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Examples
 

Example 1
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Photo taken from X on map.

This path may have been created in order to cut straight across a field rather than have people use the two paths going diagonally across the field and damage more crops. Or it may have been wartime powers in 1939-45, many pasture paths were informally (and sometimes unlawfully) 'moved' during those years for war production purposes. Both of the other paths, which are on the definitive map, had been blocked-up for many years (despite the Highway Authority duty to deal with them) the westerly one was opened in around 2003 but regularly ploughed. Even if both were unblocked they would be much less convenient for most walkers in this area.

We would expect in this case that the highway authority would use the threat of prosecution for the obstructions, coupled with reminding the underlying landholder of the strong case available if brought to a time-consuming inquiry.  That might ensure that this unrecorded route is made part of a deal, getting all paths recorded to a good width and perhaps the path users forgoing something else less important on the same estate as part of that deal. All could be completed within a year or so, in plenty of time for the end 2025 deadline. Unfortunately the Highway Authority concerned very rarely takes a tough line thereby reducing greatly the chance of success and they sometimes try harder to meet the nearby landowners' wishes than the path users'. So this case may have to have a claim made soon, which would come up for decision in say 2019 assuming the local backlog of such cases doesn't get any longer.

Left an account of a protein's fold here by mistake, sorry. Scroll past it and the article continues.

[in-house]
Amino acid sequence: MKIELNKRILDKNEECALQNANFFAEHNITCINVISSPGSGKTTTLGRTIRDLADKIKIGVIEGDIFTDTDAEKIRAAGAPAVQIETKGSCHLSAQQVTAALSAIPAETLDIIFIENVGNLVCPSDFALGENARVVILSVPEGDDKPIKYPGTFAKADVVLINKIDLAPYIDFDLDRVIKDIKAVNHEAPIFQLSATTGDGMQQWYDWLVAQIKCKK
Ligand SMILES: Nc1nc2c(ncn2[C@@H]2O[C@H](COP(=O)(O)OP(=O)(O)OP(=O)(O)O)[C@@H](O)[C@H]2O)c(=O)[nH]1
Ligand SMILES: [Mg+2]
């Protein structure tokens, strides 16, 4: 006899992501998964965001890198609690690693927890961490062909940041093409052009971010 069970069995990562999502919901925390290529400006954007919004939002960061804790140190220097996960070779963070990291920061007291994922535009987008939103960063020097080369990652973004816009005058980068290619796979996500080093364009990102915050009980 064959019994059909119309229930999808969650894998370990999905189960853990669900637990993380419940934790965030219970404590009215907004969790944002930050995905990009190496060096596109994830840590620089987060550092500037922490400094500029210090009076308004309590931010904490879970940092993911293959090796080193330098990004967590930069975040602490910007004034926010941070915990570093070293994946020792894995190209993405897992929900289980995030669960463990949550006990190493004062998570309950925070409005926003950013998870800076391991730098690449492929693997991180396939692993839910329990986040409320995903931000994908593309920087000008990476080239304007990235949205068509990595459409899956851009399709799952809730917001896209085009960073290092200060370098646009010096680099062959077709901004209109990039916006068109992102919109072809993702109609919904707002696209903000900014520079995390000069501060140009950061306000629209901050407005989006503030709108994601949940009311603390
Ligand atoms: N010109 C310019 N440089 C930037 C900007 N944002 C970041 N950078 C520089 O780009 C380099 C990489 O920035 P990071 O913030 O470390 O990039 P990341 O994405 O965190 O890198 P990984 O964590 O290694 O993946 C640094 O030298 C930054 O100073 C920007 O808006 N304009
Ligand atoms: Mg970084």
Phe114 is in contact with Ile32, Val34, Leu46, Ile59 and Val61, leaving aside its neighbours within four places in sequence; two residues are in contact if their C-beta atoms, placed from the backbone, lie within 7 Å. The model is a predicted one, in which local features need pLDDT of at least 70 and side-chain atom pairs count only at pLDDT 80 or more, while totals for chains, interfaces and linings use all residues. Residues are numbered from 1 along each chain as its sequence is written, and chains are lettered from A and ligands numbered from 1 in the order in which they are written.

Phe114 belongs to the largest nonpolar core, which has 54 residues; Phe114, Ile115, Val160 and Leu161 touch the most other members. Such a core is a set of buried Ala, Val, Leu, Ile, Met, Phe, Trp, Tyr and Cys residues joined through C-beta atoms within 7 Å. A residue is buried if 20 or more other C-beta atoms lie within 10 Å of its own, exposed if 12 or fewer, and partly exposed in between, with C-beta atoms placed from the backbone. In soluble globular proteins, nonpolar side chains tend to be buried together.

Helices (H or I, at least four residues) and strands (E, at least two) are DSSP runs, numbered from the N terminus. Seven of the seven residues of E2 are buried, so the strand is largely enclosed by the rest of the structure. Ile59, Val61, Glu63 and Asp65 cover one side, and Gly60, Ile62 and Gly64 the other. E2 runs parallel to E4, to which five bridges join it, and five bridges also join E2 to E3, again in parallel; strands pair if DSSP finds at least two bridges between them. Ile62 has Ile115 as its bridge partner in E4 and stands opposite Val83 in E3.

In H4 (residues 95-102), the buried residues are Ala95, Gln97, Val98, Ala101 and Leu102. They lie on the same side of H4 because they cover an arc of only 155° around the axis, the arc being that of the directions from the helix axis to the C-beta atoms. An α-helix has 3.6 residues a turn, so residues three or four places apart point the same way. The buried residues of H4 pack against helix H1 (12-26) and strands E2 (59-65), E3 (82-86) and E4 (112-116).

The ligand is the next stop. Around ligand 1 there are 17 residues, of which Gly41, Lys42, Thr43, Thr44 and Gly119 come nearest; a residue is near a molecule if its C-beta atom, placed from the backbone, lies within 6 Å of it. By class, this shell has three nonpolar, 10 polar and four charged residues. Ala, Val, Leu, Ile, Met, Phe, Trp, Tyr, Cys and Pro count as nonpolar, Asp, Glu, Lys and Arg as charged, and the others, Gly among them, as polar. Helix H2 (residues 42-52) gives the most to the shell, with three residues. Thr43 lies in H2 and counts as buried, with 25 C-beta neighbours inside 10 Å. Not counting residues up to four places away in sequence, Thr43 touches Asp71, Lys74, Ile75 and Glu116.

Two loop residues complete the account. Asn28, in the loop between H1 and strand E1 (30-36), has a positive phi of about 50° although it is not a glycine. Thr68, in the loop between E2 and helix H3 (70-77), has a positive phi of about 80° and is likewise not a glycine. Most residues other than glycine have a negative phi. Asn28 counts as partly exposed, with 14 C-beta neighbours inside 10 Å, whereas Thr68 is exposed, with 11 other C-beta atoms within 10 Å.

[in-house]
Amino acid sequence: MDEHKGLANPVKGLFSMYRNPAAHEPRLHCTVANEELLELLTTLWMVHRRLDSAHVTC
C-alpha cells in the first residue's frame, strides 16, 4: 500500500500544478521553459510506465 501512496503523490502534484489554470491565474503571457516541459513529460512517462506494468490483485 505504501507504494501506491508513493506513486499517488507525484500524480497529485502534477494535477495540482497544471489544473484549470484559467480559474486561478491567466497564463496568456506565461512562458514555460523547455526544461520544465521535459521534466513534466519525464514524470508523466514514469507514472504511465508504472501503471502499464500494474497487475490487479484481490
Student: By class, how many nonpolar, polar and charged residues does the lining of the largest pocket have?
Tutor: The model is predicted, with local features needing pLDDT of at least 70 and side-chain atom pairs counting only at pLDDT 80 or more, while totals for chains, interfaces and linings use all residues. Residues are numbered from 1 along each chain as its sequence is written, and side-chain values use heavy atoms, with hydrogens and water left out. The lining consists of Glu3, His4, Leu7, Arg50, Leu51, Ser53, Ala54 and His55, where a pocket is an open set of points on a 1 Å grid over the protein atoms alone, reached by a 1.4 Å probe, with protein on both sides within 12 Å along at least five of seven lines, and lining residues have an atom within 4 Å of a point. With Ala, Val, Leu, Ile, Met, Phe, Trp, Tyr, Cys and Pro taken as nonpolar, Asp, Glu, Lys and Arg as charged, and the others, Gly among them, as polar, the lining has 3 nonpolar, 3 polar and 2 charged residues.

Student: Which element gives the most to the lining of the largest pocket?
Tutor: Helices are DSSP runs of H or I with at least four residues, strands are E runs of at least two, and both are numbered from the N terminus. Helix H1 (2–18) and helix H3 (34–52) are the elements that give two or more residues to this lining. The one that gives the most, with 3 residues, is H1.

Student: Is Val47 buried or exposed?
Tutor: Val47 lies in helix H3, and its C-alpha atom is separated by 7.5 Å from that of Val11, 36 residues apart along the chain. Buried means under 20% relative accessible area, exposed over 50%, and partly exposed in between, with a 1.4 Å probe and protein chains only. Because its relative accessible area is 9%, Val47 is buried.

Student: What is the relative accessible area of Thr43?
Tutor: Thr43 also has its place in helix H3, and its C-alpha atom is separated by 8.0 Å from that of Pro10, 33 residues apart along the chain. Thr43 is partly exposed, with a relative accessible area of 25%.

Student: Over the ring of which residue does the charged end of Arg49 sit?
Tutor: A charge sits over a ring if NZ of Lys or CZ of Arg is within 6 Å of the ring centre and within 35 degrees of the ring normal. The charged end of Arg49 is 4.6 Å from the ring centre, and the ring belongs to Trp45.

Example 2

This wide 'urban/rural alleyway' leads off a village street (this street, despite the dotted line, goes across this picture, side to side close to both white fences). The alley leads to a definitive footpath going cross country and one behind houses to the north. It also leads to a row of houses, only one with vehicular frontage, set well behind the house shown on the left. None of the alley is on the Definitive Map. The list of streets doesn't mention any branch like this off the road. The building on the right carries a statutory Highways Act notice saying that the bit down the side is private and is not a right of way. But it omits to say how much of the width it applies to. In fact the ownership extends only to the left hand side of the hut. So assuming that notice is valid and the right half is indeed private what is the status of the left hand part of this way? We are not yet clear, but there are some private rights of way over it which might suggest it is not public road (which wouldn't normally be shown on the definitive map).

So this path may well be closed on 1st January 2026. More likely it will be closed up some years after that when a new owner moves into the house at the end of the tarmac. He could easily demonstrate it was a public path in 1949 as required by the 2000 CRoW Act and that it was not on the definitive map on 31st December 2025. The only counter to that would be to prove it was public road, probably very difficult to do.

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